4.1.2. Performance in Spike Suppression

The effect of suppressing spikes caused by coherently processed multiple bursts is evaluated in this section. In this simulation, ten subapertures are used and the signal and noise settings are the same as that in part 4.1.1. The focused amplitude results of the complete samples, the available samples, the available samples with LPM-AIT-estimated samples, and the available samples with MIAA-AIT-estimated samples are shown in Figures 6(a)6(d), respectively. The result of processing with gapped samples shows obvious spikes, as shown in Figure 6(b). In comparison, the LPM-AIT has some effect in alleviating the spikes, however, spikes still exist as shown in Figure 6(c). In Figure 6(d), spikes are almost completely suppressed, and the amplitudes are more accurate. Taking the targets amplitude estimation results with complete samples (Figure 6(a)) as reference, we calculate the difference between the other three estimation results and the reference, respectively. The sum of the difference between the amplitude estimation result from available samples (Figure 6(b)) and the reference is 72.898. The sum of the difference between the amplitude estimation result from LPM-AIT-estimated samples (Figure 6(c)) and the reference is 14.027. The sum of the difference between the amplitude estimation result from MIAA-estimated samples (Figure 6(d)) with the reference is 1.472. It can be seen from the numerical comparison that the amplitude estimated results by MIAA-AIT are more similar to the reference, which means the MIAA-AIT is more effective than the LPM-AIT. It is obvious that the MIAA-AIT has a better performance than the LPM-AIT in spike suppression.

4.2. Experimental Results

To demonstrate the performance of the proposed algorithm in spike suppression, experimental results on real SAR data are provided. As described in Section 2 and Figure 2(b), in the range direction, the received raw signal of ScanSAR are the same as those in the Stripmap mode; in the azimuth direction, the raw ScanSAR data are equivalent to the periodically truncated Stripmap mode data. Therefore, obtaining raw data of the ScanSAR mode is equivalent to introducing periodic gaps into raw stripmap data. In addition, to verify the effectiveness of the proposed algorithm in the real SAR scene, we need to utilize the imaging result of the Stripmap mode as a reference. Thus, in our experiment, we obtain ScanSAR mode raw data by introducing periodic gaps into raw stripmap data.

The raw data were collected with an experimental interferometric airborne SAR system developed by the Institute of Electronics, Chinese Academy of Science. The system operates at the C-band (5.4 GHz); the PRF is 750 Hz; the average flight speed is 68 m/s, and the size of the antenna is 0.9 m. First, the spike suppression performance of the proposed algorithm is demonstrated. Then, interferograms acquired with the MIAA-AIT are given.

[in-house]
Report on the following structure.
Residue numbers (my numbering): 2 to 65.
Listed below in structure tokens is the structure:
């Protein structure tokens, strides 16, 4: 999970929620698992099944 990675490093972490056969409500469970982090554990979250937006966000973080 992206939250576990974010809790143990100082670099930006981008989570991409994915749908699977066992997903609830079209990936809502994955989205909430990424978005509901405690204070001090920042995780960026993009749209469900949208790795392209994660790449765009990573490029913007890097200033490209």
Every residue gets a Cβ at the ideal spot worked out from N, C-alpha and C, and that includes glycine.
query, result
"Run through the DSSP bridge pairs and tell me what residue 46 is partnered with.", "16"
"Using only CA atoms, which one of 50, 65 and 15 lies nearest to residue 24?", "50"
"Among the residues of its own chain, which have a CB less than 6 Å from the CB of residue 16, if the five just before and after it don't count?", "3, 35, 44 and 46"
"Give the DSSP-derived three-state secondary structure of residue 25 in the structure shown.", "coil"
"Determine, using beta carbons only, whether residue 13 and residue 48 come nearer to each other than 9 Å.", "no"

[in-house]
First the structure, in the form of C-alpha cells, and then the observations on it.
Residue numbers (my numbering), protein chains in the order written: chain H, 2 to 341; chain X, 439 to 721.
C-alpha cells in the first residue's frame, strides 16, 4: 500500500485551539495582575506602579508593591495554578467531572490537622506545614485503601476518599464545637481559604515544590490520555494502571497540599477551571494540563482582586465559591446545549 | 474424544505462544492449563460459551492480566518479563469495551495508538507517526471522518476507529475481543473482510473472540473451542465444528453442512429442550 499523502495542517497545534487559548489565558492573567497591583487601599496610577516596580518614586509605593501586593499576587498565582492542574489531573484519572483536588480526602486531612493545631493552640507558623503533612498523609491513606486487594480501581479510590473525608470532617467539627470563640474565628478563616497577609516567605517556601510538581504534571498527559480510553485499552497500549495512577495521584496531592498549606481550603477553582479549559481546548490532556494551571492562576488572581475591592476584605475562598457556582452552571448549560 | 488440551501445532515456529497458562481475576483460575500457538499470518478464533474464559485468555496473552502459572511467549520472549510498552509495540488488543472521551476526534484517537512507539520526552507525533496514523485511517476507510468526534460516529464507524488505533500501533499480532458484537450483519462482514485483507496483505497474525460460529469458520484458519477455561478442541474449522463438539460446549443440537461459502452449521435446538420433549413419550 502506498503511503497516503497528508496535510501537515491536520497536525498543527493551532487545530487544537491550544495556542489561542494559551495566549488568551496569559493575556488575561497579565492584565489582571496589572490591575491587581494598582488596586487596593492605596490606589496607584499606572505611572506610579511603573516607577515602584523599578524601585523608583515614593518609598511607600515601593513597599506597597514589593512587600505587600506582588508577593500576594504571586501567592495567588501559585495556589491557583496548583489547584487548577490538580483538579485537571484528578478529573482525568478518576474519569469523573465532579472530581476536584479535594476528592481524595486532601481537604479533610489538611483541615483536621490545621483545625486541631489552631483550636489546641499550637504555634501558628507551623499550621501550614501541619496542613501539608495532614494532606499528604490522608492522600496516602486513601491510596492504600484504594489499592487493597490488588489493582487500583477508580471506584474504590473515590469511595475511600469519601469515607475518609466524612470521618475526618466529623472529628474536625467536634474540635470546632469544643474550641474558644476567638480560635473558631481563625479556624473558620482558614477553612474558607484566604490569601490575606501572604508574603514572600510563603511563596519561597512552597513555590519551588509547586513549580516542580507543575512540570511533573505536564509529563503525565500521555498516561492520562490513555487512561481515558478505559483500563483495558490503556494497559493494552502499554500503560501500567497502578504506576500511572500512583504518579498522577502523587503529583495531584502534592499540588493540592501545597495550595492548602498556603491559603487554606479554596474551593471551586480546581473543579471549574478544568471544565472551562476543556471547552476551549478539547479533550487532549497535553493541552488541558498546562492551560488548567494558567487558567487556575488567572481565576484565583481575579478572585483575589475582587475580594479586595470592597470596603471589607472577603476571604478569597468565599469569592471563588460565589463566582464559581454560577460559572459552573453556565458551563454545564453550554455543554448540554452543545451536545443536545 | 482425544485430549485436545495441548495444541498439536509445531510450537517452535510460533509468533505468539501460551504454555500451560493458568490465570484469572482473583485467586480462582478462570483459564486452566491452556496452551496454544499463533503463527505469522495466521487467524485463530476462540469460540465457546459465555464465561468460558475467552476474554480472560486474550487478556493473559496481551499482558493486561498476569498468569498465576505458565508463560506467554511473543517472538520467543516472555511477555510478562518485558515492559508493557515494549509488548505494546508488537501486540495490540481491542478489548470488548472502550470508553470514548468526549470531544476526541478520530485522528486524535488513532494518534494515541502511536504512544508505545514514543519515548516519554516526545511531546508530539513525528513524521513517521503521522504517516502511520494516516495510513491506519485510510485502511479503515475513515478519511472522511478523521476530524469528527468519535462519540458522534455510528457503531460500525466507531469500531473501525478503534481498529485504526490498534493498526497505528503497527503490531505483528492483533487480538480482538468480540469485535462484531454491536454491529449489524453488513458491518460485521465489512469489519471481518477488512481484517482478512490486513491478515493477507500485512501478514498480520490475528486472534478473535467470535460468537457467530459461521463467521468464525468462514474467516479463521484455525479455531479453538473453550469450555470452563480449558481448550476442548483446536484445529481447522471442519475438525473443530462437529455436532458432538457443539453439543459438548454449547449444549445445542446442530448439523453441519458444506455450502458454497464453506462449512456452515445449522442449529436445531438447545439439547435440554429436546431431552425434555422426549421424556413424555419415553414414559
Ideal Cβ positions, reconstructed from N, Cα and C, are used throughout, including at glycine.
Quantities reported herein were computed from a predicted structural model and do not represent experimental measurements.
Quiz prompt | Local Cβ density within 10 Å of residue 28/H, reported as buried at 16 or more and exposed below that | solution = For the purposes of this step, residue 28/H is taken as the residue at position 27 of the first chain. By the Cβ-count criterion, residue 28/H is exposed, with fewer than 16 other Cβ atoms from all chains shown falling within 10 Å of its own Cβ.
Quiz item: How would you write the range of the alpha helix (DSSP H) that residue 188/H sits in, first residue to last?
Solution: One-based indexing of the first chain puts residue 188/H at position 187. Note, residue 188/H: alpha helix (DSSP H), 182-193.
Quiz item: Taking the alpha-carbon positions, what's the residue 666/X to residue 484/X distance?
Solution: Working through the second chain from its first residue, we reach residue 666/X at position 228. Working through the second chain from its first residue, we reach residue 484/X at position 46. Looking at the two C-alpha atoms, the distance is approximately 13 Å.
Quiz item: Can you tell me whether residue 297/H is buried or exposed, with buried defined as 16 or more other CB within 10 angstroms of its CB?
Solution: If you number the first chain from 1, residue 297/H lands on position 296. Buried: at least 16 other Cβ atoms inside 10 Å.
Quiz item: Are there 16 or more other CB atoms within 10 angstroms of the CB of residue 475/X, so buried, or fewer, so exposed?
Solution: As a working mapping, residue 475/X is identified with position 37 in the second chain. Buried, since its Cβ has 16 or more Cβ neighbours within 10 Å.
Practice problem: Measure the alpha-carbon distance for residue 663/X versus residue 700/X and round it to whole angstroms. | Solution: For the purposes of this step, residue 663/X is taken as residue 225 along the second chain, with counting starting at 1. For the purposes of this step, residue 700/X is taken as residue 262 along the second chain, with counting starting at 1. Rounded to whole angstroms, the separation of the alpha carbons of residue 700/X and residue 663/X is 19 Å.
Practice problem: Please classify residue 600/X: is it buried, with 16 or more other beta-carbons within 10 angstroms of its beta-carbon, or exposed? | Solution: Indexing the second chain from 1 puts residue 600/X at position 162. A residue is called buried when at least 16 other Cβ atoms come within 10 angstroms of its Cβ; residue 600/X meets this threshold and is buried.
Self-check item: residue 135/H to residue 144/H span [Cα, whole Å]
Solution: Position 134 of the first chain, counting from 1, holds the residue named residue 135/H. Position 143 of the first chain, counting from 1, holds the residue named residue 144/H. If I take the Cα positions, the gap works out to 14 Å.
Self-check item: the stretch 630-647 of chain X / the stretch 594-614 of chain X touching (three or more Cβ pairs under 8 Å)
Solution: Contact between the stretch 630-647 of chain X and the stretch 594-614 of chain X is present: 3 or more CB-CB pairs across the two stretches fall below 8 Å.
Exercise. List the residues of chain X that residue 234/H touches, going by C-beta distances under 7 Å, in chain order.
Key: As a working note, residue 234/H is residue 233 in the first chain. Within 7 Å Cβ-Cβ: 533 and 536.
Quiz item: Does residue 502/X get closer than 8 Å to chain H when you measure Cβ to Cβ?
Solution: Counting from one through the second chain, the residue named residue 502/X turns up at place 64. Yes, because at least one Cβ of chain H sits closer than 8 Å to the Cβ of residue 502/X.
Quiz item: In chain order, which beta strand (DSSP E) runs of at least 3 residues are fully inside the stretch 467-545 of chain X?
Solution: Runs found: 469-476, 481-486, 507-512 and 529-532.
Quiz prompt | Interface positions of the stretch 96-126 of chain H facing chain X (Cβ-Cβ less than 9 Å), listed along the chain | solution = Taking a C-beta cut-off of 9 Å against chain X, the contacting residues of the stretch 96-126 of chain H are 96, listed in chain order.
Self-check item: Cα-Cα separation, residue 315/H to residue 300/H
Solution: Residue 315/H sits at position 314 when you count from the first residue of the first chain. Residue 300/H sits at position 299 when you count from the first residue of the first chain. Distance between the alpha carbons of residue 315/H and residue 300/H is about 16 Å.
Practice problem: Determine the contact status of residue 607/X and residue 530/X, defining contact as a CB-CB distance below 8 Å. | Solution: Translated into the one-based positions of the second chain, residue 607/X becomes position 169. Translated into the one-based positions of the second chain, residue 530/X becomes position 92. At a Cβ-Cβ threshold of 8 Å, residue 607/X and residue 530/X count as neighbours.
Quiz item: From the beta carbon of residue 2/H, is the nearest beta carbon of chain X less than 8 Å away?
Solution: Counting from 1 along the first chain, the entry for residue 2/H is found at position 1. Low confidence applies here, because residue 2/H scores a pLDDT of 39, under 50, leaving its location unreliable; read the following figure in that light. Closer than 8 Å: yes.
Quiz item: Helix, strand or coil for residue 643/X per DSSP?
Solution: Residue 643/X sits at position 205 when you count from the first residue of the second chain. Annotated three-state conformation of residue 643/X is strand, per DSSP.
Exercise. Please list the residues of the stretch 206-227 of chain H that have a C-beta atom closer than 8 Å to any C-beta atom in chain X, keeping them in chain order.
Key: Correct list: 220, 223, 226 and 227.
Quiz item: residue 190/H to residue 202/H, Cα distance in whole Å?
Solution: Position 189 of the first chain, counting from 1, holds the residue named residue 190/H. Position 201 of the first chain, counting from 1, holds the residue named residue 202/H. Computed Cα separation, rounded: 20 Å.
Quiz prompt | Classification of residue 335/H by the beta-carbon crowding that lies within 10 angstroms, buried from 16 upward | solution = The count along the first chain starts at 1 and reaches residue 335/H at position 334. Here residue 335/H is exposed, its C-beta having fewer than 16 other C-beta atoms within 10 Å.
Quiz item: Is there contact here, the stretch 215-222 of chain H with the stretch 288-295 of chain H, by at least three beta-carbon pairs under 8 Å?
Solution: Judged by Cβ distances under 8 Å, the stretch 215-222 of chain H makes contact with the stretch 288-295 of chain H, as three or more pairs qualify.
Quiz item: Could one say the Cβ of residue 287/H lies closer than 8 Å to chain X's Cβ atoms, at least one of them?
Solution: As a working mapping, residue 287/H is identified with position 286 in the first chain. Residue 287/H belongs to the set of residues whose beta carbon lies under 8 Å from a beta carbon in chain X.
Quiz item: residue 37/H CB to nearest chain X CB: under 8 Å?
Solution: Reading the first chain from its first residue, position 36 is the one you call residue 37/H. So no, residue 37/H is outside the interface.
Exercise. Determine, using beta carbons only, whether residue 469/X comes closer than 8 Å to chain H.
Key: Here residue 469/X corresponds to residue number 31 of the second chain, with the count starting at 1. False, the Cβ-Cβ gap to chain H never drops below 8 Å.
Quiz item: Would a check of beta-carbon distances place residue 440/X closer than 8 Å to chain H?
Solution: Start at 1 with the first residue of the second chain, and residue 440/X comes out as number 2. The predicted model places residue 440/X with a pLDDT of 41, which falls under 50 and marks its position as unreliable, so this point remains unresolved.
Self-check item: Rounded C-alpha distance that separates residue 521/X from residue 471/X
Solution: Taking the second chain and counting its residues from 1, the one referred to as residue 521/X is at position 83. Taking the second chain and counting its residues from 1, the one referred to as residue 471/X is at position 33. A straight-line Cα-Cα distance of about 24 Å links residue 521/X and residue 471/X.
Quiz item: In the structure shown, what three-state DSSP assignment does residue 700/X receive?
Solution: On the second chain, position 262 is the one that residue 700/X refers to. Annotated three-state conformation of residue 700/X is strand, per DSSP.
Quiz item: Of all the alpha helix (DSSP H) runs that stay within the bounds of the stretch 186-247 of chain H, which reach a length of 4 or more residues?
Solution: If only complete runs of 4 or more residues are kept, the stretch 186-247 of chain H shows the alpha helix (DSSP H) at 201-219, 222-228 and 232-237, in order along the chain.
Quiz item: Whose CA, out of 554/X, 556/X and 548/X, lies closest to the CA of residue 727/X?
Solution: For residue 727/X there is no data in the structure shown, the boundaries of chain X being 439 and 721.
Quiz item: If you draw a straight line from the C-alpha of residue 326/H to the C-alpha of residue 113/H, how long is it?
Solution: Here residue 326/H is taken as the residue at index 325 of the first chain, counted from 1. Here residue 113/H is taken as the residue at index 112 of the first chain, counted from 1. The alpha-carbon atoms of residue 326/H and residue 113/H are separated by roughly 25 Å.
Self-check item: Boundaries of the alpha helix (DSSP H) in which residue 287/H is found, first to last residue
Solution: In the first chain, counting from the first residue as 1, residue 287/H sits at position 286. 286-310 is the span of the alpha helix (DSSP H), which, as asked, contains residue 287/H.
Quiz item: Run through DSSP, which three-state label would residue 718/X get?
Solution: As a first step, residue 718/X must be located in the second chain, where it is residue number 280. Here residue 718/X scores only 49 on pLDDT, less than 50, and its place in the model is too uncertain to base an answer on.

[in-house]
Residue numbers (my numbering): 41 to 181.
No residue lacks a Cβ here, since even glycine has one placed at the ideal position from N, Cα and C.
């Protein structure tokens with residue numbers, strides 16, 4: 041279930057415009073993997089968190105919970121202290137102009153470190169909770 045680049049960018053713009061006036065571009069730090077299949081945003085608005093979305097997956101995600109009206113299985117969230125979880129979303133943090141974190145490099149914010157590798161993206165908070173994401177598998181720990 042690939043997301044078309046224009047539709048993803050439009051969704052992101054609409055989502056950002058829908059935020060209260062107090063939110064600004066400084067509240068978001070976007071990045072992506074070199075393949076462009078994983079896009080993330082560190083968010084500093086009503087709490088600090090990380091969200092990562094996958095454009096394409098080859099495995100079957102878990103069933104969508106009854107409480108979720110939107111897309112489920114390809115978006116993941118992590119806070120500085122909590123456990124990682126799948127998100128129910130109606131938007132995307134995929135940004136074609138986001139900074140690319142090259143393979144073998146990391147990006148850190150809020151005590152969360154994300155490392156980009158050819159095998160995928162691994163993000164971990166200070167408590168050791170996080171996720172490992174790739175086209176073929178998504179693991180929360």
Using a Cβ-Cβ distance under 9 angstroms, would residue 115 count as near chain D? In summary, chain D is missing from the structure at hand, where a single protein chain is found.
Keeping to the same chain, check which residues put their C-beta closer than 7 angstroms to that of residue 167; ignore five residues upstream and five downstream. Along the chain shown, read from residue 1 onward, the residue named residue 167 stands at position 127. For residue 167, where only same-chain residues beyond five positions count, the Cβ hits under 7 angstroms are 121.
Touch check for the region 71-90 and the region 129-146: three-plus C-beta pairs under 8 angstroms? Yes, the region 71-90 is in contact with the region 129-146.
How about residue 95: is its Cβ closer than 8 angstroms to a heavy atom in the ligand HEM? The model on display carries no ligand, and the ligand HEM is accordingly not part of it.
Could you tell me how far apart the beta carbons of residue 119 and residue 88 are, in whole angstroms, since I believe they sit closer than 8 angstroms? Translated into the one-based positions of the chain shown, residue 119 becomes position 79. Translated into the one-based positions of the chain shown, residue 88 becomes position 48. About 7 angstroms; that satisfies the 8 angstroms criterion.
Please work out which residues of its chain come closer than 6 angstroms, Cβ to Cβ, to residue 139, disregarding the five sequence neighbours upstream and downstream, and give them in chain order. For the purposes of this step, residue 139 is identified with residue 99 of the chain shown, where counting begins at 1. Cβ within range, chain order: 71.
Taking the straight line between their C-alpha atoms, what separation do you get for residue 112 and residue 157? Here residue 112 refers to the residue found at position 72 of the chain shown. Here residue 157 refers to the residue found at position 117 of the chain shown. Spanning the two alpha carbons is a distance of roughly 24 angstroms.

4.2.1. The Results of Spike Suppression

In the experiment, the ScanSAR system has five subswaths with a missing-data proportion of 80%, which is generally used in the ScanSAR system. The length of the synthetic aperture time is about 5000 samples, the length of one burst is set as 300 samples, and the length of the burst cycle is 1500 samples. Two representative scenes, shown in Figure 7, are selected to demonstrate the advantages of the proposed algorithm. Both two scenes are corresponding to 11 bursts with an area of 1485 meters in azimuth direction and 1100 meters in range direction. The pixel spacing in the azimuth is about one-fifth of the pixel spacing in range; thus, the images are multilooked 5 times in azimuth when displaying. The overall ScanSAR images are well focused, and no obvious spike phenomena exist.

The area shown in Figure 7(a) is primarily composed of man-made structures, representing an urban area. The local scene highlighted in Figure 7(a) by a red rectangle is magnified for a comparison with the other algorithms as shown in Figure 8. Based on a visual comparison of Figures 8(b)8(d), the LPM-AIT can reduce the spikes to some extent compared to the full-aperture approach. The proposed algorithm has a better performance in spike suppression. The outlines of the artificial buildings are clearer in Figure 8(d) because the spikes are suppressed more thoroughly by the proposed algorithm.

To illustrate the advantage of the proposed method in radiometry performance, we integrate pixels of the amplitude image of Figures 8(a)8(d) across range direction as shown in Figure 9. In the area of buildings where most of the scatterers are bright scatterers, the performance of both MIAA-AIT and LPM-AIT is close to that of the Stripmap and the performance of the MIAA-AIT is slightly better than the LPM-AIT. This shows that both MIAA-AIT and LPM-AIT have a good processing effect on bright scatterers, but MIAA-AIT is better than LPM-AIT. In the area near the buildings, where few strong scatterers represent, the difference in radiometry performance is relatively large. The radiometry performance in these areas reflects the spike suppression performance of the algorithms. The lower the value, the better the spike suppression performance. Overall, the value of MIAA-AIT is lower than that of the LPM-AIT and closer to the value of the Stripmap. Thus, the MIAA-AIT has better suppression performance than the LPM-AIT. This further demonstrates the image quality improvement of the proposed algorithm.